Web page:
When God answers a desperate prayer, it’s like heaven on earth. It doesn’t get much better. But what about when we don’t see our prayers answered? How do you feel when some situations never change?
During a FaceTime conversation recently with my daughter, Dawn, and her group home staff, I longed for heaven. In my chest was a hard rhythmic pounding—the meeting couldn’t be over soon enough. I wanted to escape the monotonous sadness and frustration. I’d always been anxious in these meetings. With slight variations, it was the same meeting I’ve had for thirty-eight years.
My mind flashed to Dawn at three. Her mental age was eighteen months, according to the experts. That wasn’t so bad; surely she’d catch up to her true age. In months between meetings, I’d hope for dramatic progress. I’d fantasize that in the middle of a normal day, she’d begin a conversation with me. I’ve always prayed for that to happen.
I’d hold my breath just as they’d assign her disability a category. Profoundly mentally handicapped was the worst label; the one I dreaded. When I heard the word severe I was relieved. At least that was something to be glad about.
As she got older, the mental age of eighteen months became increasingly harsh. I was so tired of eighteen I could scream. “Just don’t tell me, okay?”
Mercifully, as the years went by, her educators began to discuss tangible goals and slight progress. They began an evaluation of her abilities, rather than a mental age. Was she able to feed herself with a fork? Would she carry her bag? Could she operate the faucet?
It was pain avoidance I sought when I stuffed some memories away. If you stow the hard experiences, they’ll come back with all their friends. You may hurt more than if you’d lived with the truth little by little. Avoidance doesn’t work. Even now my fingers strike the keys as though sloughing through mud.
It helps to put painful things out of your mind, at least temporarily. I could, to some extent, leave Dawn’s meetings, involve myself in other activities, and file away my worry, sadness and fear. I’d go on with my life without constant thoughts of Dawn. That virtual file, labeled do not open, became thick over the years. I finally pried it open when I decided to put my flood of memories on paper.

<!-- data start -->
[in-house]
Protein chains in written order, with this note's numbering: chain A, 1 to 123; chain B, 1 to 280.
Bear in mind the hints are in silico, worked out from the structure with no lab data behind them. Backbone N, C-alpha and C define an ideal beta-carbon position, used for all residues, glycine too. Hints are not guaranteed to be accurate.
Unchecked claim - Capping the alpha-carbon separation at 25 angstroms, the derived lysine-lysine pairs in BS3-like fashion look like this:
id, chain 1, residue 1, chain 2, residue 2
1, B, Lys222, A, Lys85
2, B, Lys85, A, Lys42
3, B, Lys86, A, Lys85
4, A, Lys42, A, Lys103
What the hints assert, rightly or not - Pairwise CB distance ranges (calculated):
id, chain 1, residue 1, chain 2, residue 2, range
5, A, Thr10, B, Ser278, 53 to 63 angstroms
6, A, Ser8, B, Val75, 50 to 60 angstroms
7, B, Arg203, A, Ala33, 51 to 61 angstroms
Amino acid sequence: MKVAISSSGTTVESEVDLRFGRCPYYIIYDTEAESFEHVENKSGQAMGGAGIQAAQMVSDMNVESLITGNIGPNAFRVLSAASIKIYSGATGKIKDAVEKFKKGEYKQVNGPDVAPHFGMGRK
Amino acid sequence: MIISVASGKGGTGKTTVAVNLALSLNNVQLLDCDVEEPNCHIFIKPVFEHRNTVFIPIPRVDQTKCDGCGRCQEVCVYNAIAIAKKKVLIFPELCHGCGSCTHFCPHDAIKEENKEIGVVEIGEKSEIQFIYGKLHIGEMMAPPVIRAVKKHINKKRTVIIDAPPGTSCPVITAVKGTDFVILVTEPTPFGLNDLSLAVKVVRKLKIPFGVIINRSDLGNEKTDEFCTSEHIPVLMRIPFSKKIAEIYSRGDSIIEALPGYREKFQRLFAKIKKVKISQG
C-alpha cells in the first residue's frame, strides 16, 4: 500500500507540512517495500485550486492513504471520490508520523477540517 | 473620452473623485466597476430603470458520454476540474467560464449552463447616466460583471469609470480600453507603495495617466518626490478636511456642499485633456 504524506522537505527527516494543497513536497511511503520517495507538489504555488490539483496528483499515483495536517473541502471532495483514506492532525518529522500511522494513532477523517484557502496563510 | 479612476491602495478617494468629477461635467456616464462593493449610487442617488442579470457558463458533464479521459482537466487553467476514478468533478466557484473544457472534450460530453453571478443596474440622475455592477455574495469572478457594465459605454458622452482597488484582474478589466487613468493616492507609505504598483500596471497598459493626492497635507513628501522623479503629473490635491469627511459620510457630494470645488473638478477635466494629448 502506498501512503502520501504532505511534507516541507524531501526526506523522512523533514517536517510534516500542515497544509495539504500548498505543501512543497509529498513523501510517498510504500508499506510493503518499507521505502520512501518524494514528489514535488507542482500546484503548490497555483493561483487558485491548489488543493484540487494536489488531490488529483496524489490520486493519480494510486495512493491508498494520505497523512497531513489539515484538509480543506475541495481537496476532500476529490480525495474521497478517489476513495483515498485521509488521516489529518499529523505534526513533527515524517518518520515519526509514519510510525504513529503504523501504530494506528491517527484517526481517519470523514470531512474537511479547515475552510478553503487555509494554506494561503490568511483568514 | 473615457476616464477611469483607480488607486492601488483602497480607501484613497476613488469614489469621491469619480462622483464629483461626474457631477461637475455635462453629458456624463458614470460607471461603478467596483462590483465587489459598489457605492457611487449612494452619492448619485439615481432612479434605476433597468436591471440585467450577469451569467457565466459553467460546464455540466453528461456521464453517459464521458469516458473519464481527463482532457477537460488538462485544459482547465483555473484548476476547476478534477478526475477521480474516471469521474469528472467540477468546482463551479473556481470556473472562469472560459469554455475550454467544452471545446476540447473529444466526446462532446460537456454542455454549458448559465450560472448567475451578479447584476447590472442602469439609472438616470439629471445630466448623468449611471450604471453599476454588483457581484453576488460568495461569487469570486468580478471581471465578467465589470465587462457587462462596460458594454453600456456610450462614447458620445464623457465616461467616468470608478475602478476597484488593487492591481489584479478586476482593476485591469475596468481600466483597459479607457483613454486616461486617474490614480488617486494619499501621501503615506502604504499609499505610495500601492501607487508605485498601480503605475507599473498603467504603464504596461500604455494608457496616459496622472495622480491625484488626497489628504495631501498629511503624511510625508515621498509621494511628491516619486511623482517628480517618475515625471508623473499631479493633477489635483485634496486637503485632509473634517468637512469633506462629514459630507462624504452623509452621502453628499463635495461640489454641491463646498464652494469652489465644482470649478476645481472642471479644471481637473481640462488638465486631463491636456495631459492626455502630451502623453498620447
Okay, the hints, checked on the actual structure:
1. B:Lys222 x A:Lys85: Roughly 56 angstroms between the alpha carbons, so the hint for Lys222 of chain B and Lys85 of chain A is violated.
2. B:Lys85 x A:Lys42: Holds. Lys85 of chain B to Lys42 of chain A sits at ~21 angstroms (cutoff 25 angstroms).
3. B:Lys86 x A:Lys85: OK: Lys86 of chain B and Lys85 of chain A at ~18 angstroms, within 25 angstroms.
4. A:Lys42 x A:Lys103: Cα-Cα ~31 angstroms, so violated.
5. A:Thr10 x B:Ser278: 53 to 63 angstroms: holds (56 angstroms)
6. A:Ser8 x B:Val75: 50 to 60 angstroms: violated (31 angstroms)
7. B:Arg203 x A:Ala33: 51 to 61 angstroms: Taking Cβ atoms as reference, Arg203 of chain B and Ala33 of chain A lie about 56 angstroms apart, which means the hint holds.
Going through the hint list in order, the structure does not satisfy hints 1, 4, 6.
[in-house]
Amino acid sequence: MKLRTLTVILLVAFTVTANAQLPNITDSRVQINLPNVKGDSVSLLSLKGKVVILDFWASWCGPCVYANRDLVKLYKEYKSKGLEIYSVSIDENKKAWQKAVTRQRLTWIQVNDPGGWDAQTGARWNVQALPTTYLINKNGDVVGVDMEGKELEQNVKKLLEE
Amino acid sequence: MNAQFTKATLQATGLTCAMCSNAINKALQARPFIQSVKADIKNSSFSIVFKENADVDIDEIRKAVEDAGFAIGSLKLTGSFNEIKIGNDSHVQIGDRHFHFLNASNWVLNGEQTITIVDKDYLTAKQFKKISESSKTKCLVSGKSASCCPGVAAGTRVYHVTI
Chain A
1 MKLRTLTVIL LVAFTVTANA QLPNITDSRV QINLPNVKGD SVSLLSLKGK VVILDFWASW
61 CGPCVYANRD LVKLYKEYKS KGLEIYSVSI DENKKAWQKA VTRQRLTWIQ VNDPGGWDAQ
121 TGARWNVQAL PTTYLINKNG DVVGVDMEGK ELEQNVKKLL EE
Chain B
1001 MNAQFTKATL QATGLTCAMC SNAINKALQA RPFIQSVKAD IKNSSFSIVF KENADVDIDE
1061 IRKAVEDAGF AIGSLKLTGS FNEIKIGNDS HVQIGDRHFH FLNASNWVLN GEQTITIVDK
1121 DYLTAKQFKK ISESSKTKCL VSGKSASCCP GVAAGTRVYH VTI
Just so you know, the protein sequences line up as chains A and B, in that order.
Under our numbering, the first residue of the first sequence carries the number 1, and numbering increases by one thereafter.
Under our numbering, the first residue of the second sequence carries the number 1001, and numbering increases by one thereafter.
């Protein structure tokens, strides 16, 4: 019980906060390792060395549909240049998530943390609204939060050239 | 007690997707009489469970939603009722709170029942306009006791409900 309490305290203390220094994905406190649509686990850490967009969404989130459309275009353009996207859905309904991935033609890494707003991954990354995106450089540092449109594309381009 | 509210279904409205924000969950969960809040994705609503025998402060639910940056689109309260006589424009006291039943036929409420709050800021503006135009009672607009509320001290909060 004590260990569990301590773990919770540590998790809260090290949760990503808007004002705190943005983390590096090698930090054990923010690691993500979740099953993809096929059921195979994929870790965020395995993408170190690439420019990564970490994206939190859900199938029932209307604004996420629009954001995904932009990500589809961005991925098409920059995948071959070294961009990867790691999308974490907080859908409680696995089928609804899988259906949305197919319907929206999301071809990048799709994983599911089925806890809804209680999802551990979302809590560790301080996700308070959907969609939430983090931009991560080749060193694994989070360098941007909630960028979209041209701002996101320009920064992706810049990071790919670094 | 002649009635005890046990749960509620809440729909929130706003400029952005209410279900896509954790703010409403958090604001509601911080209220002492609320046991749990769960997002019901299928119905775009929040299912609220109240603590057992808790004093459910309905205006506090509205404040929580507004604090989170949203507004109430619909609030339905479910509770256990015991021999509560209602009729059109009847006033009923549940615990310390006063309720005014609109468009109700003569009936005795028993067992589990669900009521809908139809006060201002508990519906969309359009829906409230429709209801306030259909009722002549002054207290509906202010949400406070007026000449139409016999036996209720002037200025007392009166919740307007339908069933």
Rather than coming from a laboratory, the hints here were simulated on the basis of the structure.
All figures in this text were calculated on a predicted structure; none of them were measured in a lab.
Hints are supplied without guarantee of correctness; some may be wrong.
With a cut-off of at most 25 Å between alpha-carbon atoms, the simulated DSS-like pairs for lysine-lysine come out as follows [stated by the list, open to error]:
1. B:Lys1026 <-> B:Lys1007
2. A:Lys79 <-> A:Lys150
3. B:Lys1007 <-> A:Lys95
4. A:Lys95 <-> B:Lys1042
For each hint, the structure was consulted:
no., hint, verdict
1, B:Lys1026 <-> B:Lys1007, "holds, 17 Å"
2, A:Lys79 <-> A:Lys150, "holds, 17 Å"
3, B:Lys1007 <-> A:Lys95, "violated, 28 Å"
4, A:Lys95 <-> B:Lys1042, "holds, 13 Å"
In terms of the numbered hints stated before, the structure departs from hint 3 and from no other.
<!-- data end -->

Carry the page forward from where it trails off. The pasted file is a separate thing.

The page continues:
I was a full time mama, wife and homemaker–I didn’t have time to dwell on my problems. I had to hold our family of six together. It seemed natural to lay aside my angst about Dawn.
The questions would plague me at times. Could I have been a better mother or a stronger advocate? Did her seizures develop from the hard fall she took while I taught preschool? Did I do something that could’ve caused her disability?
I learned to celebrate every little accomplishment, as you do with a special child. I noticed each funny or cute expression. Any new action was cause for celebration. When Dawn was twelve, she walked to a bookshelf, picked up a little box and handed it to me, in response to my request. She could’ve run a 5K and I wouldn’t have cheered more. This year, her fortieth, she’s become quite comfortable walking into our house, opening the refrigerator and looking for Coke, her favorite treat. Her independence puts a big smile on my face. These are the things that bring joy.
I felt drained and sad at the end of my recent FaceTime call. I was relieved to have another meeting behind me. We’ve talked about her teeth for years. She can’t brush them independently and she clenches her jaws when someone helps. Cleaning them well is next to impossible, which has consequences. She now has appointments at Chapel Hill every six months for cleaning.
As believers, we live in the “now and not yet” of the Kingdom of God. The Kingdom is alive and active on the earth. God provides us with unending beauty and joys in our relationship with Him. We pray and often receive the hoped-for answer. Other times we don’t. One day Jesus will reign fully in His established Kingdom on earth. The promise of life forever with Him brings such comfort. Nothing will ever separate us from Him.
We have glimpses of heaven in sunrises and sunsets. We enjoy a sense heaven when we’re with our dearest loved ones. In the midst of these earthly delights, if we could expand the time and circumstance we’d be almost there. We are not deprived, just incomplete. I enjoy beautiful threads of heaven these days: The cardinals’ rich red. Babies’ perfect scent and soft skin. A tight timely hug. A note of encouragement. Cherry trees in spring; sounds of the ocean waves that never stop. The wealth of music; a symphony in perfect sync, songs of worship, children’s voices. Then, in a moment’s time we’re back to loss and brokenness. We remember again, in just a little while there will be fullness of joy.
These glimpses of heaven take us through the hardships and pain as we wait for the perfect world to come.